Rolling Stone magazine has officially retracted — and pulled from their website — a story published in November of last year that accused members of a University of Virginia fraternity of sexually assaulting a female student during a party at the frat house, according to the New York Times.
The Columbia Graduate School of Journalism on Sunday released a blistering review of the article, “A Rape on Campus,” saying the magazine failed to engage in “basic, even routine journalistic practices” to research and verify details of the alleged rape described to the article’s author, Sabrina Rubin Erdely.
Following the release of the report, Rolling Stone pulled the original article which has been replaced on the website by the CJR report produced by author, Steve Coll, the Columbia journalism school’s dean; Sheila Coronel, the dean of academic affairs; and Derek Kravitz, a postgraduate research scholar at the university.
Publisher Jann Wenner — who commissioned the investigation by the journalism school — called the publication of the article an isolated and unusual episode, referring to the purported victim known as Jackie as “a really expert fabulist storyteller,” who manipulated editors at the magazine.
Wenner said he didn’t want to blame Erdley, but added, “Obviously there is something here that is untruthful, and something sits at her doorstep,” before stating that Erdely would continue to write for the magazine.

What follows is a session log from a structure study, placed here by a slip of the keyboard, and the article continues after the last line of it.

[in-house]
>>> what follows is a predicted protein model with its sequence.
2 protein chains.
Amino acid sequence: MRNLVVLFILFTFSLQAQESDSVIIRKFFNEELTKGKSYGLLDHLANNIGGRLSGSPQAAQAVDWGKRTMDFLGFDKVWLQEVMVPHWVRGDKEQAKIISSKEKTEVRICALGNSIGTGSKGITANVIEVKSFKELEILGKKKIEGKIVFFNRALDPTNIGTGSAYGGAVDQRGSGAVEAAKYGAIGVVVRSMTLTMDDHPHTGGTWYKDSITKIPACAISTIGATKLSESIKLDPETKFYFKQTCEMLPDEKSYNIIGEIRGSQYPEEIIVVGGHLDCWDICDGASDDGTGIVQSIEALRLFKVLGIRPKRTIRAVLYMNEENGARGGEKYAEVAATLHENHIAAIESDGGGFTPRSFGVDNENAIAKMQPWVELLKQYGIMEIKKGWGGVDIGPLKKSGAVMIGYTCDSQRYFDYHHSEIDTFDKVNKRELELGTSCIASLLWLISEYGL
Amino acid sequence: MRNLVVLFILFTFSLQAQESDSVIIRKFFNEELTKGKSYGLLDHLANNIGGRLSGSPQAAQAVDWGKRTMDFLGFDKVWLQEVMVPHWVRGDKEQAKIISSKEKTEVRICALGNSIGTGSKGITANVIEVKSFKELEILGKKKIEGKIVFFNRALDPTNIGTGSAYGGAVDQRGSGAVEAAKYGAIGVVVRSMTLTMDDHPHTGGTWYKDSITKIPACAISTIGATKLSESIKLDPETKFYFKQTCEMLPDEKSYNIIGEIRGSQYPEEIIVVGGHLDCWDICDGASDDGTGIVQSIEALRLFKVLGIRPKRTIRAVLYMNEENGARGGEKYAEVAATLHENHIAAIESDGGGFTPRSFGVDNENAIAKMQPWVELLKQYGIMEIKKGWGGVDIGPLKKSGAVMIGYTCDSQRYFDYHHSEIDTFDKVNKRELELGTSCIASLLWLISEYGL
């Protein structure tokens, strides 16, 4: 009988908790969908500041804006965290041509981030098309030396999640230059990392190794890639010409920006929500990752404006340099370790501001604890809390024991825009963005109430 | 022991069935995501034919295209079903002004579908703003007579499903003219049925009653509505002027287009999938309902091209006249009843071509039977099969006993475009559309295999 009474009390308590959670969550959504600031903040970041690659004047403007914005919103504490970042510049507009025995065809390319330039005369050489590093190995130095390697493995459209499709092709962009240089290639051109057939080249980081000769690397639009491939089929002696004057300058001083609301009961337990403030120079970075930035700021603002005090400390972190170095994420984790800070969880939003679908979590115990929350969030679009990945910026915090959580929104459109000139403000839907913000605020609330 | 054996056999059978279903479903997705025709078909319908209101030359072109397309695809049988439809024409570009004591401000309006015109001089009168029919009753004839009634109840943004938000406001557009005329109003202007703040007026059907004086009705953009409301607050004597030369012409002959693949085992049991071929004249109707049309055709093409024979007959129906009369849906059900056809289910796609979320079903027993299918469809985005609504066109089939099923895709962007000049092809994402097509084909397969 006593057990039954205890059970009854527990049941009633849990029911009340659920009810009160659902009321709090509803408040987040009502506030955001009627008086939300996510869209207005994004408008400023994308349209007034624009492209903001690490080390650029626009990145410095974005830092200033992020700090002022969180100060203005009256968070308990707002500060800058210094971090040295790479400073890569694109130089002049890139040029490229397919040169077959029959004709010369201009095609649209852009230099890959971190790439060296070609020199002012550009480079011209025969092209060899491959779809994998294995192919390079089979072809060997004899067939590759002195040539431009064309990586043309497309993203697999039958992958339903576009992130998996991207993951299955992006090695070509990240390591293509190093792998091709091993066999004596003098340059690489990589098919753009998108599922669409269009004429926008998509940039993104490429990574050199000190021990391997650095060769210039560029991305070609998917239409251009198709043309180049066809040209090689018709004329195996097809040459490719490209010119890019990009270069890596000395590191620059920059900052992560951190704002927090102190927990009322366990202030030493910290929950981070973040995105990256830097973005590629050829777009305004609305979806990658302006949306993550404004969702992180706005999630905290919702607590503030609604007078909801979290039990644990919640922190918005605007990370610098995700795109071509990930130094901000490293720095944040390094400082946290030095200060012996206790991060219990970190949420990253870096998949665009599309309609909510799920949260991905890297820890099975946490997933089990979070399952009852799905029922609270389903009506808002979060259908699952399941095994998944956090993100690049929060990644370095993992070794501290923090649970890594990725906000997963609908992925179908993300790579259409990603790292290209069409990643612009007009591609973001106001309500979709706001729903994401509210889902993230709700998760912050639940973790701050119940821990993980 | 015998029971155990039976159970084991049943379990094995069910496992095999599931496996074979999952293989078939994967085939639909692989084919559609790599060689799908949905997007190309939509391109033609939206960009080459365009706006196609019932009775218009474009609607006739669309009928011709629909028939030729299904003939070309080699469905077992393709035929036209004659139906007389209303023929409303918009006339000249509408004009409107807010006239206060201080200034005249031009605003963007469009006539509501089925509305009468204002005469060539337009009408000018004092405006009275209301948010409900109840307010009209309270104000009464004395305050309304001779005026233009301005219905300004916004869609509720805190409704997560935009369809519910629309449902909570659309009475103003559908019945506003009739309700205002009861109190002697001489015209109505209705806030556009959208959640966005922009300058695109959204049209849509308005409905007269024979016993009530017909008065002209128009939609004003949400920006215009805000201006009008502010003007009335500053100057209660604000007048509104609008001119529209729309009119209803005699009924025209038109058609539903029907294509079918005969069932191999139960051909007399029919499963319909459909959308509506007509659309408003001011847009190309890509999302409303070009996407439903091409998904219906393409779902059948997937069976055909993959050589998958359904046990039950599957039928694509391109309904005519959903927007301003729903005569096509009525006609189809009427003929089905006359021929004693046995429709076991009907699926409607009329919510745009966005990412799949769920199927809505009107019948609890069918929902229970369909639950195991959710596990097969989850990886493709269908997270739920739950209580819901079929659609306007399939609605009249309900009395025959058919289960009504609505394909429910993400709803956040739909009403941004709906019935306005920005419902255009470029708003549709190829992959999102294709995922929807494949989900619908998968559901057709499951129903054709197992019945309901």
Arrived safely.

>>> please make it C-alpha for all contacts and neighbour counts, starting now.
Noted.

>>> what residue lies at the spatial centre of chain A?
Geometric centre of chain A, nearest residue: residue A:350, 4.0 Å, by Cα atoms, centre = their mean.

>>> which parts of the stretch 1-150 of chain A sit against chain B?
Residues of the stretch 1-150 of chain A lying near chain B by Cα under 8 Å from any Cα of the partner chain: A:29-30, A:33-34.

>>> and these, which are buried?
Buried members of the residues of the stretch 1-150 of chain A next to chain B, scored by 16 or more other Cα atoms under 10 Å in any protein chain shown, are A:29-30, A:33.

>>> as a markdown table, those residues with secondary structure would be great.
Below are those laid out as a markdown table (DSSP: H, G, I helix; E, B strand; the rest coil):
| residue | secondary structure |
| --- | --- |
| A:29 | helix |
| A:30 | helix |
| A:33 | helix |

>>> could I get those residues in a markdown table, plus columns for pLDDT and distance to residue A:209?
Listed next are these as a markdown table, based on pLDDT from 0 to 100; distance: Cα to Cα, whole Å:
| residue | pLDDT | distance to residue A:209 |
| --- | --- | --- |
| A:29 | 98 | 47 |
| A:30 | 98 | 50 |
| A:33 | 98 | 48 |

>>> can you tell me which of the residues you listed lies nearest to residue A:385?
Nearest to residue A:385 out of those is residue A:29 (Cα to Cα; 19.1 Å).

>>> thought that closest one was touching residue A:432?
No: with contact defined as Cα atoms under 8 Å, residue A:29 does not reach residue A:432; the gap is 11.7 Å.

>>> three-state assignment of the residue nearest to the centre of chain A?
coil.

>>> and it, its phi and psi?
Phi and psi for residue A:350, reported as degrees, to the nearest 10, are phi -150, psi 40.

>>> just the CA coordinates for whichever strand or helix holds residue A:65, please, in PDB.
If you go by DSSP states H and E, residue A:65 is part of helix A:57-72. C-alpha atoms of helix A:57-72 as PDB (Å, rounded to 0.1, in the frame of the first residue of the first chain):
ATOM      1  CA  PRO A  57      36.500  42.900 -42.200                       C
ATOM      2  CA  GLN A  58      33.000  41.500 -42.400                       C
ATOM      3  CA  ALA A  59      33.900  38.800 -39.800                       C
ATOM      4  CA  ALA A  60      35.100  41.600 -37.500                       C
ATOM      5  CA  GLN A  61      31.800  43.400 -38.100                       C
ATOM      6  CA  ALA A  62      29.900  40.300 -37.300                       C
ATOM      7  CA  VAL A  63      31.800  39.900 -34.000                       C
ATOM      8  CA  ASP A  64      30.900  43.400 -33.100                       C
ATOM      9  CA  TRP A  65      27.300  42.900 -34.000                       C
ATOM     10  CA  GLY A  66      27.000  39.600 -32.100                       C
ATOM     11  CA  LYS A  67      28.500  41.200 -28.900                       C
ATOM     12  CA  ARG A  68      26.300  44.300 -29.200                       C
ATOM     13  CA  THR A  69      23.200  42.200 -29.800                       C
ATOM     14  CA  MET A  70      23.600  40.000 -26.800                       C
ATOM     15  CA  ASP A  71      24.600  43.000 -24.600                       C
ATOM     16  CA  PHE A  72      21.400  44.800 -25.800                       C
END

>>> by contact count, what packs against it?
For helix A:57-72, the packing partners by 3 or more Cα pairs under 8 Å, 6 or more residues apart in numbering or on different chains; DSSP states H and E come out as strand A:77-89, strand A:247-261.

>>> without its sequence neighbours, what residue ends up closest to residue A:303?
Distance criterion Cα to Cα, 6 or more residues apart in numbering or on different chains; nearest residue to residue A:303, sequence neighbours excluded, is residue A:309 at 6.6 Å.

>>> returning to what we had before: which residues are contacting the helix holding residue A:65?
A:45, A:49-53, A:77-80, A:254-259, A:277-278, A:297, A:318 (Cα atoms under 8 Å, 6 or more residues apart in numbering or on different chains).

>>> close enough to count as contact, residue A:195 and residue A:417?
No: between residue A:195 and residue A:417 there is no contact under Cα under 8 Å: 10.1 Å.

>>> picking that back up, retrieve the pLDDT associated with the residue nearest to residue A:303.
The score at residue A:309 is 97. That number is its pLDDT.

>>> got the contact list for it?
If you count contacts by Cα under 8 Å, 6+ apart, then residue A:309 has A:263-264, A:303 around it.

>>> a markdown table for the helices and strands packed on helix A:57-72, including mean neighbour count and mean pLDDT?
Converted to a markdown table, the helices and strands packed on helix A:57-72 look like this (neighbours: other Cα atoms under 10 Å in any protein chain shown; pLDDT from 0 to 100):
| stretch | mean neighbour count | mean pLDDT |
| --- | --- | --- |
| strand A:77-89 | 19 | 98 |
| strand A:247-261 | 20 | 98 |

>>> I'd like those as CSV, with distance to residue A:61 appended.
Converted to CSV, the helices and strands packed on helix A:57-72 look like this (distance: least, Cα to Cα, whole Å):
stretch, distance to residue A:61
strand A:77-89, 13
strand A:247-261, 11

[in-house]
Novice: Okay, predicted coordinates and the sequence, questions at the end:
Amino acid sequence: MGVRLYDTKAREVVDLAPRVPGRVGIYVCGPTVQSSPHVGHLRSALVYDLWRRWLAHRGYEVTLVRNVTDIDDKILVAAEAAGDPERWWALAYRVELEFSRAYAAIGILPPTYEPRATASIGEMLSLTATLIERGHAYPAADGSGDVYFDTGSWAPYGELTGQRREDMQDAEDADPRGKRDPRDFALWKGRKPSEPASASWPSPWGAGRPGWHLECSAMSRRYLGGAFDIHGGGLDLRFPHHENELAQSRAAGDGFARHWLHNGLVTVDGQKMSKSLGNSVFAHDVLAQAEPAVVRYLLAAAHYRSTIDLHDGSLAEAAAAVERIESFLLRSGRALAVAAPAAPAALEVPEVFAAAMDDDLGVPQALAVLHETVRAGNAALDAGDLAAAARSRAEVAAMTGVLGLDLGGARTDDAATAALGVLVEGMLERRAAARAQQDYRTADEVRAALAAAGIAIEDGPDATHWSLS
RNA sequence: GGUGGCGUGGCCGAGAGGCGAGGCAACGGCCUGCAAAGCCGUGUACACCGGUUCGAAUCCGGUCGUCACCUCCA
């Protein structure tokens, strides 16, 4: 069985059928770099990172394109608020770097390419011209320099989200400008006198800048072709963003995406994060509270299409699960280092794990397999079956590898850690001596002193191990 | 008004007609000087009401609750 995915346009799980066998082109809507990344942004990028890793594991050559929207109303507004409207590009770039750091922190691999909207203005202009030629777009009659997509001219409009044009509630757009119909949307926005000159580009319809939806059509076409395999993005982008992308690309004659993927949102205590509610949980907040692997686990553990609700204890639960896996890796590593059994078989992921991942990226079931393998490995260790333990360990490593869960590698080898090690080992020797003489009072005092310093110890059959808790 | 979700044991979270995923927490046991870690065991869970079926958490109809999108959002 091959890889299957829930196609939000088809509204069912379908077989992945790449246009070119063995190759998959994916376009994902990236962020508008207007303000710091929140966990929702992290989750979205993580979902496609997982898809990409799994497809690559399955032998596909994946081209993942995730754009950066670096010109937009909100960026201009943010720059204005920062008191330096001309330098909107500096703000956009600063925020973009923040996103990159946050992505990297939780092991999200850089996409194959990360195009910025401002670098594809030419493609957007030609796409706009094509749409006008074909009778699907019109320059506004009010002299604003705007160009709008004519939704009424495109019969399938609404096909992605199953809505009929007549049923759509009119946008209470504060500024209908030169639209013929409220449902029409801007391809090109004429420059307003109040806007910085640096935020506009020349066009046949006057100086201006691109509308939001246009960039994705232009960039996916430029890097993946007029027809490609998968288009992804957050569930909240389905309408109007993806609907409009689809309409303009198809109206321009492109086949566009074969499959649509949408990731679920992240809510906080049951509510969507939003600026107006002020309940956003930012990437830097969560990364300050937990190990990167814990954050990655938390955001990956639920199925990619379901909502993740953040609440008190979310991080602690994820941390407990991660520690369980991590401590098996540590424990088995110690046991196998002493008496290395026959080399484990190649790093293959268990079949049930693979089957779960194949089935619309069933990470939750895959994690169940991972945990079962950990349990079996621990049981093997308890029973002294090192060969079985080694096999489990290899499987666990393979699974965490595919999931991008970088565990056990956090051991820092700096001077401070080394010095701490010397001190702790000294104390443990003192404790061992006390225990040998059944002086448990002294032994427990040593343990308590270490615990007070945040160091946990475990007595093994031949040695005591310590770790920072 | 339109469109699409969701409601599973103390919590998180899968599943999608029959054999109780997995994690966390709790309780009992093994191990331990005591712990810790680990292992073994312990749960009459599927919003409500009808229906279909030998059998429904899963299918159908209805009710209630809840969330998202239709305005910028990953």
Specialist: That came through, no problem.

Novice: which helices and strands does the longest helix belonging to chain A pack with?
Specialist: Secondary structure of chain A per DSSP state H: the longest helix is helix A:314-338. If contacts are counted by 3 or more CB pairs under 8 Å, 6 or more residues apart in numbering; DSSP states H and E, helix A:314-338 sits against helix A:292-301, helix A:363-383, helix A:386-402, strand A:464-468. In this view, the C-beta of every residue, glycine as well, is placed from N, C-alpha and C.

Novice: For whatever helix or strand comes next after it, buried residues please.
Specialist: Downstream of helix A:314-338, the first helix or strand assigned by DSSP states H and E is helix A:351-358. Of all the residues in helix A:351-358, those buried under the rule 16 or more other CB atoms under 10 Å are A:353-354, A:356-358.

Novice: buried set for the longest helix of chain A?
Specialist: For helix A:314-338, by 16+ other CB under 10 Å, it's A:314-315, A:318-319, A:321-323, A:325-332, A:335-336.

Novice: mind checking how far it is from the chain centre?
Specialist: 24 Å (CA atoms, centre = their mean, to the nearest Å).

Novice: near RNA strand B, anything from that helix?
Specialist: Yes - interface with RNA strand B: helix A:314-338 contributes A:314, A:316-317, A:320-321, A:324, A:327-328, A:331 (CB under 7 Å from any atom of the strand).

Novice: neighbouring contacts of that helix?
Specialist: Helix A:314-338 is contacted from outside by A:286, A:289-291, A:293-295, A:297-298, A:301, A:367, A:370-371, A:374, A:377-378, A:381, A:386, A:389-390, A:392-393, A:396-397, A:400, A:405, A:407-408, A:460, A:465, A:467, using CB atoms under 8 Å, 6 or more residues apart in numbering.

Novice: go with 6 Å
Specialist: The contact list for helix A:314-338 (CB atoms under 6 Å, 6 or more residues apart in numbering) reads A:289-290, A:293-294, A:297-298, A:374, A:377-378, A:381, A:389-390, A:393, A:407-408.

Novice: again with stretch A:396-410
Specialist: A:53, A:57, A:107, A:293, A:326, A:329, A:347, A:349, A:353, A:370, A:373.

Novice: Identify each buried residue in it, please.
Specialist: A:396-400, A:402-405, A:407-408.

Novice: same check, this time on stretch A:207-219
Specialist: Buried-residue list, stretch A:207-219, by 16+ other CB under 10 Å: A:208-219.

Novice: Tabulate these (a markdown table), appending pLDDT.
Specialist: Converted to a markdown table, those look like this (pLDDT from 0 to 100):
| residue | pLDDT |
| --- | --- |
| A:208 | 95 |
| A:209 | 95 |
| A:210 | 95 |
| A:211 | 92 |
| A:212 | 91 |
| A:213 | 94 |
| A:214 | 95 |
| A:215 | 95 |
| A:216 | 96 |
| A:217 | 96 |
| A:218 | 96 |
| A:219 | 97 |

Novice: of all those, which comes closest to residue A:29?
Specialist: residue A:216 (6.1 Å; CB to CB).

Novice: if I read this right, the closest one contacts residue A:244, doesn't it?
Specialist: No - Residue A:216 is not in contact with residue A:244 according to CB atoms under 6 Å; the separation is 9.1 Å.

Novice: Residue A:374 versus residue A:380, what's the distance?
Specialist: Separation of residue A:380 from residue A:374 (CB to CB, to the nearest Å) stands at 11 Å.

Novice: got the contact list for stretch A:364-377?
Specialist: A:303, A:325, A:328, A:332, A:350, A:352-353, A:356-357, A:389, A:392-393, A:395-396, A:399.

In late March, Charlotteville police held a press conference to announce that their investigation found no evidence that a sexual assault occurred.
In Erdely’s account of the attack on a student she identified as “Jackie,” the woman stated that she had been lured into a darkened room at a fraternity party in September 2012, where she was brutally raped by seven men, including her date for the evening, a lifeguard at the university’s aquatic center identified only as “Drew.”
According the Columbia report, Erdely did not seek to independently contact three of Jackie’s friends who were quoted in the story, instead using quotes that came from Jackie’s recollection of conversations with them following the alleged assault. Those friends later cast doubt on Jackie’s story when interviewed by The Washington Post and denied ever saying the words attributed to them in the article.
The three stated that they were never contacted by Rolling Stone prior to the publication of the article.
According the Columbia report, Erdely’s problematic story was compounded by insufficient scrutiny and skepticism from editors and a fact-checking process that relied heavily on four hours of conversations with Jackie, and little else.
After reading the report, Erdely apologized and called it a “a brutal and humbling experience,” while acknowledging she failed to do enough to verify Jackie’s account.
In the report, Rolling Stone managing editor Will Dana said, “We didn’t think through all the implications of the decisions that we made while reporting the story, and we never sort of allowed for the fact that maybe the story we were being told was not true.”
“Ultimately, we were too deferential to our rape victim,” Sean Woods, the article’s editor, added. “We honored too many of her requests in our reporting. We should have been much tougher, and in not doing that, we maybe did her a disservice.”
Publisher Wenner stated, “Ms. Erdely was willing to go too far in her effort to try and protect a victim of apparently a horrible crime. She dropped her journalistic training, scruples and rules and convinced Sean to do the same. There is this series of falling dominoes.”
According to Wenner, Woods, along with Dana, will also keep their jobs with the magazine.